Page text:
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Old 01-26-2019, 09:07 AM   #5
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The air conditioner seal is a dense foam and does a good job sealing so once installed and tightened down it will seal, the vents use the butyl tape under the vent and then seal the outside edge and screws with dicor self leveling calk. I replaced the roof on my last class A and used industrial reinforced TPO that was .060 thick it was a little harder to work with and heavy but came out great. After I removed the old roofing the plywood was rippled in places and I removed the layer of plywood in the rippled spots I resheeted over the old plywood with some 1/4 luann plywood and used gorillia glue to glue it down, it foams and fills the void between the plywoods I used a large head screws to hold the sheets down until the glue dried and then removed the screws then taped over the seams of the plywood with gorilla tape and then installed the TPO. It was a big job and cost about $1000 for everything the bigest expense was the TPO I had to buy a 100 x 10 ft roll and the glue for it the plywood was about $10 a sheet on sale x10 I replaced all the vents on the roof and installed a new skylight that was around $130 the two A/C seals were about $20 each x 2 misc stuff was several tubes of dicor self leveling calk, 4 rolls of butyl tape and lots of stainless screws. I still have close to half of a roll of the TPO yet and not sure what I am going to do with it.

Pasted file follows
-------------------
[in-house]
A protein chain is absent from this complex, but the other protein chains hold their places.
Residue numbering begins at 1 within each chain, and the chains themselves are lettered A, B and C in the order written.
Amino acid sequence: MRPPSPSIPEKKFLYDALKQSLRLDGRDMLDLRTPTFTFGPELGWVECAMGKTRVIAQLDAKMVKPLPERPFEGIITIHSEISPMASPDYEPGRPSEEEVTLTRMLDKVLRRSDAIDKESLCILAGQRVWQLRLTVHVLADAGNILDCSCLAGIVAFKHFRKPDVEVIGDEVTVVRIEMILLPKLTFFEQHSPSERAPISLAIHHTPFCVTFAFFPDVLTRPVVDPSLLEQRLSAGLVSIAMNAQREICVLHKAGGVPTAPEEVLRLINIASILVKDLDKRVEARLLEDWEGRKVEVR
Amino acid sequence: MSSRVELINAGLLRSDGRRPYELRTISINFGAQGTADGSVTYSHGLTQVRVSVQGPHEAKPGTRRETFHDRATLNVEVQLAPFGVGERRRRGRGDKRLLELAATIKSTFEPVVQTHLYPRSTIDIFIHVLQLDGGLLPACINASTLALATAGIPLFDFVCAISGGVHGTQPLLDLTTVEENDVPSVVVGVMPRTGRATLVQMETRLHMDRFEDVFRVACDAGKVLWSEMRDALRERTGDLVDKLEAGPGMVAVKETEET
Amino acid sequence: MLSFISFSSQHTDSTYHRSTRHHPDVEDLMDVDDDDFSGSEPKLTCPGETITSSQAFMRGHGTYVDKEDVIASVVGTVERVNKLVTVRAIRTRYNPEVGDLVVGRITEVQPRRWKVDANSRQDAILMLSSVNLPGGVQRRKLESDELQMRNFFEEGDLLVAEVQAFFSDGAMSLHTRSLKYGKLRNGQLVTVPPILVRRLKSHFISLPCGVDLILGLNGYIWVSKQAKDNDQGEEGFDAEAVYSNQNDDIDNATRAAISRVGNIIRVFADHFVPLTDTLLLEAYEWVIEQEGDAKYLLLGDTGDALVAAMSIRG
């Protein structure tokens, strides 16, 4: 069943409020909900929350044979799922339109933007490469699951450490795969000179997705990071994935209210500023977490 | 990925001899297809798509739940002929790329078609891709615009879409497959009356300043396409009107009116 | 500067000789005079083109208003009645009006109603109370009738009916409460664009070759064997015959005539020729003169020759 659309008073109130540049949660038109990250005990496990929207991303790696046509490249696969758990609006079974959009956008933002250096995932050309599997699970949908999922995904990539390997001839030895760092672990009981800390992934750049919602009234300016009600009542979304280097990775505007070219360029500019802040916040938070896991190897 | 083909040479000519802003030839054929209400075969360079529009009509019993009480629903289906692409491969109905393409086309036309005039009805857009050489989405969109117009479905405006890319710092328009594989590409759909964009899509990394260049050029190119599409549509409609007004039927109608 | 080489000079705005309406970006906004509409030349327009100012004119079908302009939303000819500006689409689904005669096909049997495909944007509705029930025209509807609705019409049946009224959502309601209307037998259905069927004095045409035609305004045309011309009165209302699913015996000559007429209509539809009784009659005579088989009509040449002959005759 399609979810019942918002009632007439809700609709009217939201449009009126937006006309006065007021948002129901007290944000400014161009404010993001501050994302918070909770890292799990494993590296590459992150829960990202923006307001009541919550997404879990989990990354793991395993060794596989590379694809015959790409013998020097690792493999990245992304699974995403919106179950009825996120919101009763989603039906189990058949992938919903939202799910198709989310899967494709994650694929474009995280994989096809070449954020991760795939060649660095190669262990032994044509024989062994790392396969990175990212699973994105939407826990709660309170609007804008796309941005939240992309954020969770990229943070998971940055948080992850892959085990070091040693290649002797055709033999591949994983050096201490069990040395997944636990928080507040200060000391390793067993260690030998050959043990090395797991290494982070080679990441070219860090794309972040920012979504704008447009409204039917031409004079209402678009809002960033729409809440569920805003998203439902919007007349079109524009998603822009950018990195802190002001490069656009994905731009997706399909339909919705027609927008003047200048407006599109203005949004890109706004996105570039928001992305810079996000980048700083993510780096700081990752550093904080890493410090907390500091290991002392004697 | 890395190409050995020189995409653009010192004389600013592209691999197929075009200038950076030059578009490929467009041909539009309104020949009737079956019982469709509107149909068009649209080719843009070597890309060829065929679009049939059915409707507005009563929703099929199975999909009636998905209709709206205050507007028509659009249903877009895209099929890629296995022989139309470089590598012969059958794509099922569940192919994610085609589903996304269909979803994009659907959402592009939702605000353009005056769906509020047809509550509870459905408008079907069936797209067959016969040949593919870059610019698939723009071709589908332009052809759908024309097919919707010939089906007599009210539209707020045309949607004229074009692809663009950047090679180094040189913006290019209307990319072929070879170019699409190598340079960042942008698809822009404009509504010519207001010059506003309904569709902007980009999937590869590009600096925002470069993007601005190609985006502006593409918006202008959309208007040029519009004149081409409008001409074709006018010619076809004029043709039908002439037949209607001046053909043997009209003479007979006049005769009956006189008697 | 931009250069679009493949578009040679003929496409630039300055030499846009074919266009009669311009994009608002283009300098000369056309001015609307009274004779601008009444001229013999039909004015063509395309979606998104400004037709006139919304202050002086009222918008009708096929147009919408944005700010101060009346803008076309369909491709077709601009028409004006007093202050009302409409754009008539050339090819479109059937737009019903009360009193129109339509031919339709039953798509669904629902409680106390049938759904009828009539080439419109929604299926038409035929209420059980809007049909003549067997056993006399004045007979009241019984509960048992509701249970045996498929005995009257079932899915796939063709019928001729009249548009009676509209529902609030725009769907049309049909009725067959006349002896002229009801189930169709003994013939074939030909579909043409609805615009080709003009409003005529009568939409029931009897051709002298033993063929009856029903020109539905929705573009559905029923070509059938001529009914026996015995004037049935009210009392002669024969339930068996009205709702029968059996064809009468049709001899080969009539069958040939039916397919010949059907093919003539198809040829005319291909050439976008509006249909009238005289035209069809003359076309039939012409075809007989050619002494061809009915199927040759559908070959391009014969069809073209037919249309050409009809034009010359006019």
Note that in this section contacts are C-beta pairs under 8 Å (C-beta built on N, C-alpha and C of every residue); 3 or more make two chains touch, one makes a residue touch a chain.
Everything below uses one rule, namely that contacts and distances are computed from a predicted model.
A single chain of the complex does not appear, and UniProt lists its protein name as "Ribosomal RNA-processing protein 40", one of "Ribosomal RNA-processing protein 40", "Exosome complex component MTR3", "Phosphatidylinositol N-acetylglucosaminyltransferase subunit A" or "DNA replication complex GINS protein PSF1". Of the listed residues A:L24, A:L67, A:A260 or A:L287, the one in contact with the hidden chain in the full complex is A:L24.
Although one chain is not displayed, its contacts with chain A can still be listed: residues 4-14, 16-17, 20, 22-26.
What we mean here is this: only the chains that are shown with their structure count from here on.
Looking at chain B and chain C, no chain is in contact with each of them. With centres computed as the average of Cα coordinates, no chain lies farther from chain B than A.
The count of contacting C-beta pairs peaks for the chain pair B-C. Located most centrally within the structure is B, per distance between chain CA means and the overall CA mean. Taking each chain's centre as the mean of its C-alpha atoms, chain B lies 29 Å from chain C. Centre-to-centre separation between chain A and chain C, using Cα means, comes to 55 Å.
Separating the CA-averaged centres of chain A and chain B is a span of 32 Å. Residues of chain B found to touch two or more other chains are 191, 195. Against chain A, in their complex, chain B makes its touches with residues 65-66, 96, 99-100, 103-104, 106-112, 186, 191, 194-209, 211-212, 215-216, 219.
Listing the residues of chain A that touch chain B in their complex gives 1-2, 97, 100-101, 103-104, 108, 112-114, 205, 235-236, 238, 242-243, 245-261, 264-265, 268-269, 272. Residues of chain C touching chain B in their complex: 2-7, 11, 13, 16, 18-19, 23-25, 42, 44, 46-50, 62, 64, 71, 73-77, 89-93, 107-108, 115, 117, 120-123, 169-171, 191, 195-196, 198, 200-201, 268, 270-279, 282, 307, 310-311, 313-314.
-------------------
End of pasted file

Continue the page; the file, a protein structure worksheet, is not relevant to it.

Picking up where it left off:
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Old 02-07-2019, 10:36 AM   #6
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So even if I use a liquid membrane (EPDM) I should paint all the way to the edge of the vent holes, then install as normal with butyl and then cover with dicor? I only ask because I remember buying a used vent off a trailer with a rubber roof and it looked like it had simply been painted over with the roof coat to make it one uniform surface. I'm planning to use mainly nails and screws instead of glue since I intend to put a beam every 2-3 feet to give extra support in case I want to sit up there or install another cargo topper.
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Old 02-08-2019, 06:28 AM   #7